If you have lived an awfully privileged life, you will never know the value of anything because you have never needed to. That goes without saying. But if you have lived a moderately privileged lifestyle, nowadays, you can still never understand the value of anything.
By anything, I mean materialistically. A friend said to me upon returning from a trip from Kenya, "I could live there. You get so used to not having material possessions, it's like you never had them in the first place." I replied, "I would never be able to live without material possessions... I think I'm too indulgent for that."
I really couldn't. I've never gone a day without basic material things. The roughest I have ever slept was at a music festival in Spain in constant 33 degree heat sharing a tent, with on camp showering facilities, albeit only cold water. I have never been in need of anything.
As a student the first time around, I was rich. I had a loan, my mother, and a job. I was lucky but at the time I thought I was broke. I remember how deprived I felt every time I wandered into Eldon Square shopping centre in between classes and couldn't afford to buy yet another dress. Recalling those moments is like trying to swallow salty water when you have a sore throat - you know it's good for you but yet you still grit your teeth trying to filter out the taste.
The bad taste lingers now that I know I really am on a budget. For the past month I have been (quite successfully) living off £20 a week. The idea appalled me at first but I had no choice. In the midst of a financial crisis that hangs over everyone's head, I consoled myself with the fact that I was probably not alone.
I'm not of course. Give someone without a job an extra £20 a week and they would be thrilled. I don't have a family to support, I haven't got huge bills to pay... well I do have credit cards to pay off, but I'm managing on my budget. I just had to make big changes to my lifestyle in the process.
First to go was spontaneous "nights out". I was never much of a partyer before, so I thought this would be easiest. Then I realised how many times I just "went for a quick drink" after a long day in class with some friends. It took me by surprise how much I spent doing this, and I really miss it. In the long run however, it feels like it may mean I can go for "proper" nights out with said friends. Once my debts are settled.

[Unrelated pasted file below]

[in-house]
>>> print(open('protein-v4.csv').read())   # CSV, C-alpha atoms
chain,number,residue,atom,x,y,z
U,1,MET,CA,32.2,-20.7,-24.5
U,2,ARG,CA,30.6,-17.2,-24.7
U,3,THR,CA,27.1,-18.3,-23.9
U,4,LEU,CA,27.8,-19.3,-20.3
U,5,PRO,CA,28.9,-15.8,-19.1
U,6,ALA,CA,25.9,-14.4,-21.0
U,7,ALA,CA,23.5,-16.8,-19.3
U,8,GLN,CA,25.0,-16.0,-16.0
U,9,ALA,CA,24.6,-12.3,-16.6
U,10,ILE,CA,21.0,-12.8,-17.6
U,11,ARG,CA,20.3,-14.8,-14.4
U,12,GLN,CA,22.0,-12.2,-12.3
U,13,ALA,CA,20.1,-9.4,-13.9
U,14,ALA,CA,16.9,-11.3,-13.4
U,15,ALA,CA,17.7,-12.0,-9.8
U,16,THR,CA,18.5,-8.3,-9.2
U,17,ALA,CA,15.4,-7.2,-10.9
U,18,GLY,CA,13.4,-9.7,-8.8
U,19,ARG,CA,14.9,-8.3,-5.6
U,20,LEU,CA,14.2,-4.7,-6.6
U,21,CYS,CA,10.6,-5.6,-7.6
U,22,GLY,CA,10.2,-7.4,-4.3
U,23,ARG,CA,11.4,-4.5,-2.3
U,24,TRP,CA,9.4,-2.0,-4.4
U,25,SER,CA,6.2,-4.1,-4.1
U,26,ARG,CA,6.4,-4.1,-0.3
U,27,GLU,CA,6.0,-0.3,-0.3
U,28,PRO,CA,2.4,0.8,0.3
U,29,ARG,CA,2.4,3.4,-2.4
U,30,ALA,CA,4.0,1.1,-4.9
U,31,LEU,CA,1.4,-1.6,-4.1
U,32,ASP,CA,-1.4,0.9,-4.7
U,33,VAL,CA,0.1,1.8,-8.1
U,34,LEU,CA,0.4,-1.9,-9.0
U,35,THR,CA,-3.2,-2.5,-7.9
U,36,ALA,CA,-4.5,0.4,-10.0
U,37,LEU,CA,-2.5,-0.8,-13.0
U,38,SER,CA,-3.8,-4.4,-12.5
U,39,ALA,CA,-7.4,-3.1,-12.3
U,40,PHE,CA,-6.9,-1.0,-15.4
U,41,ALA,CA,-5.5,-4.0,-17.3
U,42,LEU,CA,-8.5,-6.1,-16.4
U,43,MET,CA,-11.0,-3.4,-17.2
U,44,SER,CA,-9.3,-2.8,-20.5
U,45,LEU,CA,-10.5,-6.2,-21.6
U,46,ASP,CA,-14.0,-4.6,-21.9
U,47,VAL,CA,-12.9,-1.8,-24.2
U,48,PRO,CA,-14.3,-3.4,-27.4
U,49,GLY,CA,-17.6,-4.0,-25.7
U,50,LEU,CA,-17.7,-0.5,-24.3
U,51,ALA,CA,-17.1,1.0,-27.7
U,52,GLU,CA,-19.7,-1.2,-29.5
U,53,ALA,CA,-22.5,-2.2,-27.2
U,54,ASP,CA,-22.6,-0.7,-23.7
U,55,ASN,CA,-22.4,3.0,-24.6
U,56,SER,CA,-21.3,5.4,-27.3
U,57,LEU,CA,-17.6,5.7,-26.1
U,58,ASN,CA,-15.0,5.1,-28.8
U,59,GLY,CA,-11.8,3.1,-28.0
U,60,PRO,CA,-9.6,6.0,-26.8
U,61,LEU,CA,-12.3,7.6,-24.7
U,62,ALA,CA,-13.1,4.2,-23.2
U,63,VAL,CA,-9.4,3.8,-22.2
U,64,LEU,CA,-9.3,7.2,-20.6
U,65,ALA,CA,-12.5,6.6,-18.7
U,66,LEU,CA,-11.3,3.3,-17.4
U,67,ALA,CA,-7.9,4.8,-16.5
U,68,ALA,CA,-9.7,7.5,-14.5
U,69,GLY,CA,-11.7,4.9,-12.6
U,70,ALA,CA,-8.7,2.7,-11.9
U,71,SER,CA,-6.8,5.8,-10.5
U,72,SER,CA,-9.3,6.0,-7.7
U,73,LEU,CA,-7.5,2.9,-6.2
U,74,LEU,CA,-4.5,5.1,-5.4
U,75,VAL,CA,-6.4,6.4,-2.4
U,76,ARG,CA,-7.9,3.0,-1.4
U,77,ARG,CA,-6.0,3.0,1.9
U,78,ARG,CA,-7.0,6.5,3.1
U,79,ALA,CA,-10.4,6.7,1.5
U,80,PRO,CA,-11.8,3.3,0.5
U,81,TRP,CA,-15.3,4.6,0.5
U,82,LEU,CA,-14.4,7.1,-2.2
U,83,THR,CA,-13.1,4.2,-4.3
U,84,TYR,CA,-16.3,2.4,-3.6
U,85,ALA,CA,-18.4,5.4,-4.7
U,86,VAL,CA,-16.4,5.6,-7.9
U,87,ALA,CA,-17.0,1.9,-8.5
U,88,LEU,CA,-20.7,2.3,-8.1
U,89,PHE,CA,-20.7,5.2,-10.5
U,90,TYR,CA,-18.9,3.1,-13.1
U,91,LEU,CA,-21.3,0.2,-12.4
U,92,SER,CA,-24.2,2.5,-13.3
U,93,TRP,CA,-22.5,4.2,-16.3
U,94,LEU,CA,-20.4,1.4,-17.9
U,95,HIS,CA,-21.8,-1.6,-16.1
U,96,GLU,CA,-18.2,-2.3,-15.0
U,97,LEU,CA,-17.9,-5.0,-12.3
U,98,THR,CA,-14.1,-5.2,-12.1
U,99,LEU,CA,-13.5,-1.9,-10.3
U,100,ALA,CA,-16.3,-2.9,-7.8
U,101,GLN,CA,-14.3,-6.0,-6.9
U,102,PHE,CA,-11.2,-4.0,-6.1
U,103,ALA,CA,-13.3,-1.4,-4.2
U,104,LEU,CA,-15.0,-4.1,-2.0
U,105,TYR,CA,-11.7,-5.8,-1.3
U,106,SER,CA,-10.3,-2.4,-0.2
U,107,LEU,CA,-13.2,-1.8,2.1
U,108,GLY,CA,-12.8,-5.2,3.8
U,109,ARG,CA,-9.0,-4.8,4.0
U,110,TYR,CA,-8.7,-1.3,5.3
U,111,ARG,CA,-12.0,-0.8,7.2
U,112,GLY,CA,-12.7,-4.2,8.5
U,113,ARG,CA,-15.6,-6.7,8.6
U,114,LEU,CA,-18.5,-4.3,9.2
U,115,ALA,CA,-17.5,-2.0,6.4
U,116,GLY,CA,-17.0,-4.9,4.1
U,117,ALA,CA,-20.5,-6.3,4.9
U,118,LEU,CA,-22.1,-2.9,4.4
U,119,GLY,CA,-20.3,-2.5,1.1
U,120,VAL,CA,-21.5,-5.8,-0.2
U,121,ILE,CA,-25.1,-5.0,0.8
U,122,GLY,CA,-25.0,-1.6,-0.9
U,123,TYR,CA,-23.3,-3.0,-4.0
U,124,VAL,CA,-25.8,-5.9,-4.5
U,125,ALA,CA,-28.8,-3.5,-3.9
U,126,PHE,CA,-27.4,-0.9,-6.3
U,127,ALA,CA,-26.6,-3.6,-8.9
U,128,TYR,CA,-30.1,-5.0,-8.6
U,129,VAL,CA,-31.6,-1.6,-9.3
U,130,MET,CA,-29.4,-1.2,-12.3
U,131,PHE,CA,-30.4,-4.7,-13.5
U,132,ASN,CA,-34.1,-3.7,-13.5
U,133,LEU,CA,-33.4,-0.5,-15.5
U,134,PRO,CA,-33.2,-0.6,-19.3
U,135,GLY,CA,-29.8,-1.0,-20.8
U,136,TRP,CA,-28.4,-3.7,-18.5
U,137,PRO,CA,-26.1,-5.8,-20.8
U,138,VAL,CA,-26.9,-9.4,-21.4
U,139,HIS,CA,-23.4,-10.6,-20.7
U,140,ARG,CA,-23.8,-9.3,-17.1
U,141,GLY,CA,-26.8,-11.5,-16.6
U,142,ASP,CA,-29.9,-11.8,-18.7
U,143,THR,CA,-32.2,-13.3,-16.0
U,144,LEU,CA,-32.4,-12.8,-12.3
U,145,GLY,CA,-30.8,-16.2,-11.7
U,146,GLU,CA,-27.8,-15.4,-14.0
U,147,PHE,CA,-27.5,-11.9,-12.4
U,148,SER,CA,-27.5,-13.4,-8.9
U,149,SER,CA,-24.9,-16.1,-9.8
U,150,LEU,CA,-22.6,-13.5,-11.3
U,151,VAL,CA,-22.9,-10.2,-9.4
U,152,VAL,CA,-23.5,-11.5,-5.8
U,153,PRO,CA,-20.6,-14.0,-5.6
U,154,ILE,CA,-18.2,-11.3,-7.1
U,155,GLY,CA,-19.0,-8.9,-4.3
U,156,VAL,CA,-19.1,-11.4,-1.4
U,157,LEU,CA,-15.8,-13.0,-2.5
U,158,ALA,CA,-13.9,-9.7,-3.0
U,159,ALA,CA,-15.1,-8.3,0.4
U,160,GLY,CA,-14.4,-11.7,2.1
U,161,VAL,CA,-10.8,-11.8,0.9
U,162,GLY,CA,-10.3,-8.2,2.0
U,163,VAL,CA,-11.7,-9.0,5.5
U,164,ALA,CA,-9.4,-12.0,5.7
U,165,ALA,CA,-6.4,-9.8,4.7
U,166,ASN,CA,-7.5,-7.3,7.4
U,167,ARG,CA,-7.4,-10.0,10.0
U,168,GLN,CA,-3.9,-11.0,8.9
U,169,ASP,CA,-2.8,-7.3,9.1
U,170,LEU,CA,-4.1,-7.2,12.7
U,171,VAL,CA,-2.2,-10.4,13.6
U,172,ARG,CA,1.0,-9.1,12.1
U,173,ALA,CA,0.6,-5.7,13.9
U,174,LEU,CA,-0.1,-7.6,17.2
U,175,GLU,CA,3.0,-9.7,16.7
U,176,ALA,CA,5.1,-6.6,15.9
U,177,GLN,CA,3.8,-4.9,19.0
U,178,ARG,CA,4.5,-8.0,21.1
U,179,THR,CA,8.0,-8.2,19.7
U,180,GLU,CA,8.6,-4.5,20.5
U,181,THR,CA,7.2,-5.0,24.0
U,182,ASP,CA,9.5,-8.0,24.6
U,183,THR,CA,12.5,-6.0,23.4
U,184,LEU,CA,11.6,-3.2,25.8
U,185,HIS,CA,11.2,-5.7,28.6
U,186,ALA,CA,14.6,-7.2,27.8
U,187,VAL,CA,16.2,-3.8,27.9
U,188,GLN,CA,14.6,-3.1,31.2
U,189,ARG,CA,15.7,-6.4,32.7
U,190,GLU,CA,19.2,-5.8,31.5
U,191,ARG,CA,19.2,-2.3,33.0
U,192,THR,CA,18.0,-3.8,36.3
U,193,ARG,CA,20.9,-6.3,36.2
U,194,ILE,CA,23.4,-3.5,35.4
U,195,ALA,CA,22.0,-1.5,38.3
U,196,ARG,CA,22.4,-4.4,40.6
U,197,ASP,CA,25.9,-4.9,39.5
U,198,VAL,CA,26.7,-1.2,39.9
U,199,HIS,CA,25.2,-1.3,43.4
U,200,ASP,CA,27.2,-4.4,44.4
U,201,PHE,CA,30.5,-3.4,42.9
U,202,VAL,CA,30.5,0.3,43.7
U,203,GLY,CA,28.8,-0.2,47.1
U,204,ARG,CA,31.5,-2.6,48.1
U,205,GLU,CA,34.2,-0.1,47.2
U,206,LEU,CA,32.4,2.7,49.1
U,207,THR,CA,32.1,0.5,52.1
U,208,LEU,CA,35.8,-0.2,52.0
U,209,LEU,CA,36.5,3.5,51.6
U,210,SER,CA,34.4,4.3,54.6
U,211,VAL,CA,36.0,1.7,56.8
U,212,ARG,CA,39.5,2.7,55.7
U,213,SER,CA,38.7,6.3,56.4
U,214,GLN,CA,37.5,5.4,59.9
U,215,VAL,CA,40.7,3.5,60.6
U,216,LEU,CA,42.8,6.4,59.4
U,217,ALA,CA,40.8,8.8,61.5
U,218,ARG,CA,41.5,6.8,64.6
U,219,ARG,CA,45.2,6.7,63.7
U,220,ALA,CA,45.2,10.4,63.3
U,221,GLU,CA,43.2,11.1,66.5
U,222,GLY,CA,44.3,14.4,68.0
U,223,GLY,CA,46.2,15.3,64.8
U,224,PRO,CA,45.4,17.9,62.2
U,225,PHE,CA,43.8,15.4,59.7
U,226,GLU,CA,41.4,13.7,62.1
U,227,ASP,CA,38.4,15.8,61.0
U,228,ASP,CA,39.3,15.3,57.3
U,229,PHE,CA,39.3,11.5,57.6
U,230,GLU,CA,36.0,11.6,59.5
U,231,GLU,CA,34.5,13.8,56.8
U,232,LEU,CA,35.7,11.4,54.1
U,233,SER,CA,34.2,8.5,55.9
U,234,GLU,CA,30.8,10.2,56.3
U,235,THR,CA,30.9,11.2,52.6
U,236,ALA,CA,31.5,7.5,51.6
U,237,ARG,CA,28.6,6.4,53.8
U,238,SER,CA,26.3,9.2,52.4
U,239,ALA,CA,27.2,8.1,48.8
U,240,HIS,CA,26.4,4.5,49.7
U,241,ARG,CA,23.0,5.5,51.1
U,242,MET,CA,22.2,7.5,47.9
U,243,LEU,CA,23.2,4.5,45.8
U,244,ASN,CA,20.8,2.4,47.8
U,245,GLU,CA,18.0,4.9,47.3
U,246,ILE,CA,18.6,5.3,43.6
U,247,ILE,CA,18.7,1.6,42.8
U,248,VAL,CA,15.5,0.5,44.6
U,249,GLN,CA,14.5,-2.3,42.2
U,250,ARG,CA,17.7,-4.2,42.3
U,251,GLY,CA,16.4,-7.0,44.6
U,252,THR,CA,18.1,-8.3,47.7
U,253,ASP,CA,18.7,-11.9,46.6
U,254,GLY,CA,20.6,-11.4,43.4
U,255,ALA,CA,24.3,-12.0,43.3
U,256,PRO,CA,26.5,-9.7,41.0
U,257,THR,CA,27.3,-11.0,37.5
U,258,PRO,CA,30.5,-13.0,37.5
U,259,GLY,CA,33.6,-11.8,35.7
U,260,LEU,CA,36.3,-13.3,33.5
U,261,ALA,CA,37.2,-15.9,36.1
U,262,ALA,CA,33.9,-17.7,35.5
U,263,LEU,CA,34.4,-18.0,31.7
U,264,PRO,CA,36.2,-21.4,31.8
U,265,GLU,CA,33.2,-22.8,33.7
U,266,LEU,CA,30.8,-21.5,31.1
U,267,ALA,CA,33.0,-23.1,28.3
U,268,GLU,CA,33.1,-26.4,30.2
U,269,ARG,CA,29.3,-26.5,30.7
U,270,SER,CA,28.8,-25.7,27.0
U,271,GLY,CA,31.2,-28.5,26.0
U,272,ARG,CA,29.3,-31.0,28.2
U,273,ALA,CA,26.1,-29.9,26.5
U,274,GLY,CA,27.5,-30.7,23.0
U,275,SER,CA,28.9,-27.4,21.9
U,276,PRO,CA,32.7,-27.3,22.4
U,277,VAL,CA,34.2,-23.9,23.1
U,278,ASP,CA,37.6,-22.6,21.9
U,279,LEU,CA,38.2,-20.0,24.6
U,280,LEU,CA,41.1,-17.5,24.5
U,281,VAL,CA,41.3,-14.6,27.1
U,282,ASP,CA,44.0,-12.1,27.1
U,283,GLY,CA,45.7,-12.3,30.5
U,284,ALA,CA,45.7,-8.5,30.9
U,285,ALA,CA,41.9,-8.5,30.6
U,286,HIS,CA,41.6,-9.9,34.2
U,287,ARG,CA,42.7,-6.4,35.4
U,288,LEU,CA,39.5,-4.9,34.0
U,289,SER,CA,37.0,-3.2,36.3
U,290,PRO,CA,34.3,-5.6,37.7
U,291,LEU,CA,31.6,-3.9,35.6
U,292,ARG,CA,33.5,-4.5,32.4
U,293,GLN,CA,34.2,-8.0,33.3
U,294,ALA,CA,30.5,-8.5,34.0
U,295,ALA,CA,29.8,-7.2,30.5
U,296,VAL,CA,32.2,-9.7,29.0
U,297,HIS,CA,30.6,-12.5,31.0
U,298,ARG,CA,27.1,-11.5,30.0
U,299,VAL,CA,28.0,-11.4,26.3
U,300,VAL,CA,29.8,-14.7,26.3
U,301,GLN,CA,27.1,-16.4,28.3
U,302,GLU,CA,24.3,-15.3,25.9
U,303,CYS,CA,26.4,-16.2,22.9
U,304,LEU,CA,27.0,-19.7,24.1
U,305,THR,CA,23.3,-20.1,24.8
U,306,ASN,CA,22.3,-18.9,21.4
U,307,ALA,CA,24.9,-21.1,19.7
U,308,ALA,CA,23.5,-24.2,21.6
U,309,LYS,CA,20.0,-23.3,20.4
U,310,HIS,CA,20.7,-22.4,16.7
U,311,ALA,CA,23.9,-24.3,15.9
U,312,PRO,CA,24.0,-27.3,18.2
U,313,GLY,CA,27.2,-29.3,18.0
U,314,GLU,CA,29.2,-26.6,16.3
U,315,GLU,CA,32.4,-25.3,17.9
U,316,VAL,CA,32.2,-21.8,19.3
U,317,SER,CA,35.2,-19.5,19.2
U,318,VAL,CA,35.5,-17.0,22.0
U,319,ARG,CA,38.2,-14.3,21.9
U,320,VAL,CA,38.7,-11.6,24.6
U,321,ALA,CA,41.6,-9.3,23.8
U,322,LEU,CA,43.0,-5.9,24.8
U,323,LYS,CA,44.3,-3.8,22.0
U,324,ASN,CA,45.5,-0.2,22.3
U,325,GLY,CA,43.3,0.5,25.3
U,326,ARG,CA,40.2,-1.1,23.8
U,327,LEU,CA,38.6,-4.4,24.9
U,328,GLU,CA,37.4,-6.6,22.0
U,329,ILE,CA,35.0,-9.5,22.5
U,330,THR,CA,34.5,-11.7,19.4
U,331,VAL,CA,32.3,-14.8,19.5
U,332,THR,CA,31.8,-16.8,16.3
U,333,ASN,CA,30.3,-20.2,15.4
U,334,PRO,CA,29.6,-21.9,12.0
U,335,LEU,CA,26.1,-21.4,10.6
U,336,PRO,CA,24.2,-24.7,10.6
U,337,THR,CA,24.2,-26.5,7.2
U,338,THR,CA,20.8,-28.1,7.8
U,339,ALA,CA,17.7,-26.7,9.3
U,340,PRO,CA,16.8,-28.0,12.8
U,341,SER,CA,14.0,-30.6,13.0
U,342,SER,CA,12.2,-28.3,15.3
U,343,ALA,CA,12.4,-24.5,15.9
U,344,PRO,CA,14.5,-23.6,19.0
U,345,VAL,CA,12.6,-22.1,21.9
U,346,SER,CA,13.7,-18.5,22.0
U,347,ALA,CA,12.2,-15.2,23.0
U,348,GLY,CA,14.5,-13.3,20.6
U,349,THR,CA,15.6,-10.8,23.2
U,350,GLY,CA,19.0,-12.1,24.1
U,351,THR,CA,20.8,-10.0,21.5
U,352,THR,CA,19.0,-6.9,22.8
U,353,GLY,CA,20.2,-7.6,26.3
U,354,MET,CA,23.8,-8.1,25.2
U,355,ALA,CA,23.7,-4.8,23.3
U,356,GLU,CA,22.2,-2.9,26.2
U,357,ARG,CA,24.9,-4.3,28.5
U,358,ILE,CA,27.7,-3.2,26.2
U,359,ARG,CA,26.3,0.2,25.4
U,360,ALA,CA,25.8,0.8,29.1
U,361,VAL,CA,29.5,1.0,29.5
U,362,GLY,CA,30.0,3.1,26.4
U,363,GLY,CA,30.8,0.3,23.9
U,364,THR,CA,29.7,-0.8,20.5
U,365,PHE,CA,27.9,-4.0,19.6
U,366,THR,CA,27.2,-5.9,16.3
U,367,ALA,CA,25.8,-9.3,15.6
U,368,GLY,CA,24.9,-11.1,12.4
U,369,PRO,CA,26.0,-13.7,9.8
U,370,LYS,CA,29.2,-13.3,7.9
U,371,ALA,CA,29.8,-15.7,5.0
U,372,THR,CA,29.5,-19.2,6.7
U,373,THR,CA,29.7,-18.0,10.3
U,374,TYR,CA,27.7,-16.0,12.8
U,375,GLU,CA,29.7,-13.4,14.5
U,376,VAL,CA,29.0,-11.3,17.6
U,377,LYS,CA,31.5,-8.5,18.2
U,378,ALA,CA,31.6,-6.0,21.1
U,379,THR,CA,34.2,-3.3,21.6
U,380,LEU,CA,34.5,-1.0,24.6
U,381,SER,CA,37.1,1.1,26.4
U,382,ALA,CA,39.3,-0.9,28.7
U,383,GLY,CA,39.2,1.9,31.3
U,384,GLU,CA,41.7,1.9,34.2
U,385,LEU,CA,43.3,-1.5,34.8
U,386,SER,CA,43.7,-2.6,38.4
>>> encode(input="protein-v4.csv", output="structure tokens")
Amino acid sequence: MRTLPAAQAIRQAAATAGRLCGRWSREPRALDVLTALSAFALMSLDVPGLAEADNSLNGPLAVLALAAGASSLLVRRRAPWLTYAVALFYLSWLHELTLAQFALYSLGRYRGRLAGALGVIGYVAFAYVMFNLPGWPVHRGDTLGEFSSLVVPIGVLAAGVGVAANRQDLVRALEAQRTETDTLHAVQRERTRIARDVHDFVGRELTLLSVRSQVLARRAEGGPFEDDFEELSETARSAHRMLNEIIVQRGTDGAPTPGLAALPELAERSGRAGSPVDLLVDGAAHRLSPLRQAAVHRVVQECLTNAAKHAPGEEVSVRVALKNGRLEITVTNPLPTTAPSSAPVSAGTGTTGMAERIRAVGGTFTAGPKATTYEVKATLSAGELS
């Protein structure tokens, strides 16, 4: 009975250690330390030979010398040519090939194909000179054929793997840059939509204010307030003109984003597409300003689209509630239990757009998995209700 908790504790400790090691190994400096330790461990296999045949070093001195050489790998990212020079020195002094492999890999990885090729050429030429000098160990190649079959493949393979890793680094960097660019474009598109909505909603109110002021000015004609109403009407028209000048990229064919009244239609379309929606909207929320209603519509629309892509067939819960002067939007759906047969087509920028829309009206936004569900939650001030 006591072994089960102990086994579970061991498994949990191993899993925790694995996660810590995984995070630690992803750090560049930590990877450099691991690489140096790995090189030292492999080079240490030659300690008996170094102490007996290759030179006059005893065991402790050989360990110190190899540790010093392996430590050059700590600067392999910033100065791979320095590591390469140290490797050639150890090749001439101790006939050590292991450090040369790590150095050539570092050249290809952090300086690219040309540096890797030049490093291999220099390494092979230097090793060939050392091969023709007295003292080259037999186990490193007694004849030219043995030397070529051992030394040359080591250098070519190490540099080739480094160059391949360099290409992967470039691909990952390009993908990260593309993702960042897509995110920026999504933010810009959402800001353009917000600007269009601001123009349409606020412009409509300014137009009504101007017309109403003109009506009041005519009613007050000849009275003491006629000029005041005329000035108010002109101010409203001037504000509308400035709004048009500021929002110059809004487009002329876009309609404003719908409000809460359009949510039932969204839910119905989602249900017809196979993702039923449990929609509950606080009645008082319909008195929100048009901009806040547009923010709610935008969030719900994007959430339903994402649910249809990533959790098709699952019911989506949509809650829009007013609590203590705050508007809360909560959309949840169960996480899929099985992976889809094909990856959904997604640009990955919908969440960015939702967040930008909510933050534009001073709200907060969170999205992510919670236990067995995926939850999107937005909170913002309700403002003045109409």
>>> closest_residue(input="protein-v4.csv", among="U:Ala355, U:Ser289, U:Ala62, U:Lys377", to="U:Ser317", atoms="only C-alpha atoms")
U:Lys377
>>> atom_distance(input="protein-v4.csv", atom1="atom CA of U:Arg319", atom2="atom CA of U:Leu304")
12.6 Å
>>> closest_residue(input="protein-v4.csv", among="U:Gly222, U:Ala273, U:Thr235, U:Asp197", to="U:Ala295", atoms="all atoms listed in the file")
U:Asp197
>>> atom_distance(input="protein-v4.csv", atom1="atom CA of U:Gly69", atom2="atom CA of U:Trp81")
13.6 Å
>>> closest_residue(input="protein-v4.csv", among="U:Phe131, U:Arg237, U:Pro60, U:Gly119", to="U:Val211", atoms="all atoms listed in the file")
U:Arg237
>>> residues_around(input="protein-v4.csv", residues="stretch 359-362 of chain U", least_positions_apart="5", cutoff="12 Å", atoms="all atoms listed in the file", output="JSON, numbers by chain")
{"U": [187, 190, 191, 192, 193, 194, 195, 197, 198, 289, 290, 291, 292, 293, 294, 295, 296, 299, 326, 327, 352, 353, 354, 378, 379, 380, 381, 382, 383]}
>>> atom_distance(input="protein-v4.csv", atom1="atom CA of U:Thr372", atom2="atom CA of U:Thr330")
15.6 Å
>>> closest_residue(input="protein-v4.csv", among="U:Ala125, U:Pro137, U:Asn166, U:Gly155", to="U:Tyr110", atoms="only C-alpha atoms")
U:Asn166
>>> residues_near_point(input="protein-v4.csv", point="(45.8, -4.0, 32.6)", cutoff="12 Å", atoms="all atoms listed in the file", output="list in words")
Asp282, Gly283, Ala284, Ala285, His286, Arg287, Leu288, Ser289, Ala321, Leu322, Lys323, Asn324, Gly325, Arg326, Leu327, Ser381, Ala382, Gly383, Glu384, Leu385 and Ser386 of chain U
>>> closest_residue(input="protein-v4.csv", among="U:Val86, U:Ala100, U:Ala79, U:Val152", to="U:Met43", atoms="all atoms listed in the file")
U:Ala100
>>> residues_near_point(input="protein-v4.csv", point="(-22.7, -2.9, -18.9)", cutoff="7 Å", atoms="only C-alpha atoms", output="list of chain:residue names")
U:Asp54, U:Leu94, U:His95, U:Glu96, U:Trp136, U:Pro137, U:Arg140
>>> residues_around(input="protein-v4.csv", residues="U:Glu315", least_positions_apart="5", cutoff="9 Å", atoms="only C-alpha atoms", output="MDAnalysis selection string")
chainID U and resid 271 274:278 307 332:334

Second should really be joint first on my list of sacrifices; food. Admittedly, this is where most, if not all, of my money has always been spent. I was brought up never to substitute good food for a poor version. This was before I realised I could get a whole chicken and fresh veg in the market for a lot cheaper than in supermarkets. I love food shopping, maybe because I love any shopping, but cheaper does not always mean cheaper in some cases. I love that I'm helping out local farmers and I know where my food is coming from. Guilt-free and yummy food.
Third to go, (and this is a very close third) was clothes. On my budget, I have worked out that I could probably afford a cheap Primark dress at £12.50 every month. But then that clashes with another side of my material conscience - ethical clothing. I realised that if I sacrificed three horribly cheap dresses made exploiting by the working rights of human beings, I could afford a single, ethically made and beautifully fitting piece of clothing. Enter the gorgeous new discovery my housemate and I made about a month ago - Miss Matilda's Boutique.
The boutique is situated just off the high street on a road called rather sweetly, Winkley Street on Winkley Square. Here a mad, cramped, noisy and long stretch of road running right through the city centre transforms into a fashion fairytale. The moment you turn down Winkley Street, it is like you have just walked onto the set of the film Notting Hill. You almost want to rub your eyes in delight, because the architecture, the sounds and even the smells are all different from just a second ago.
So it was that Miss Matilda's Boutique saved my fashion conscience. The clothes are reasonably priced and from an assortment of small labels which usually use organic cotton (I say usually because I haven't looked at the label of every piece of clothing in there). I have a beautiful nautical jumper waiting for me there this very moment, and come pay day I will know I've earned it.
It's not just about understanding the value of things. I believe it is crucial to know what you are buying, whatever it is. Where it came from; who planted or sourced the material; how it was made or grown; when it was made or harvested; every stitch and fibre. As an undergrad student living off a lot more money than I have now, these thoughts would never have occurred to me. It is now I have less to value, that I value more.
I think that's what it takes for most people. I still have a long way to go before I'll feel like living in Africa, but I'm happy to say I've made a start to the possibility.
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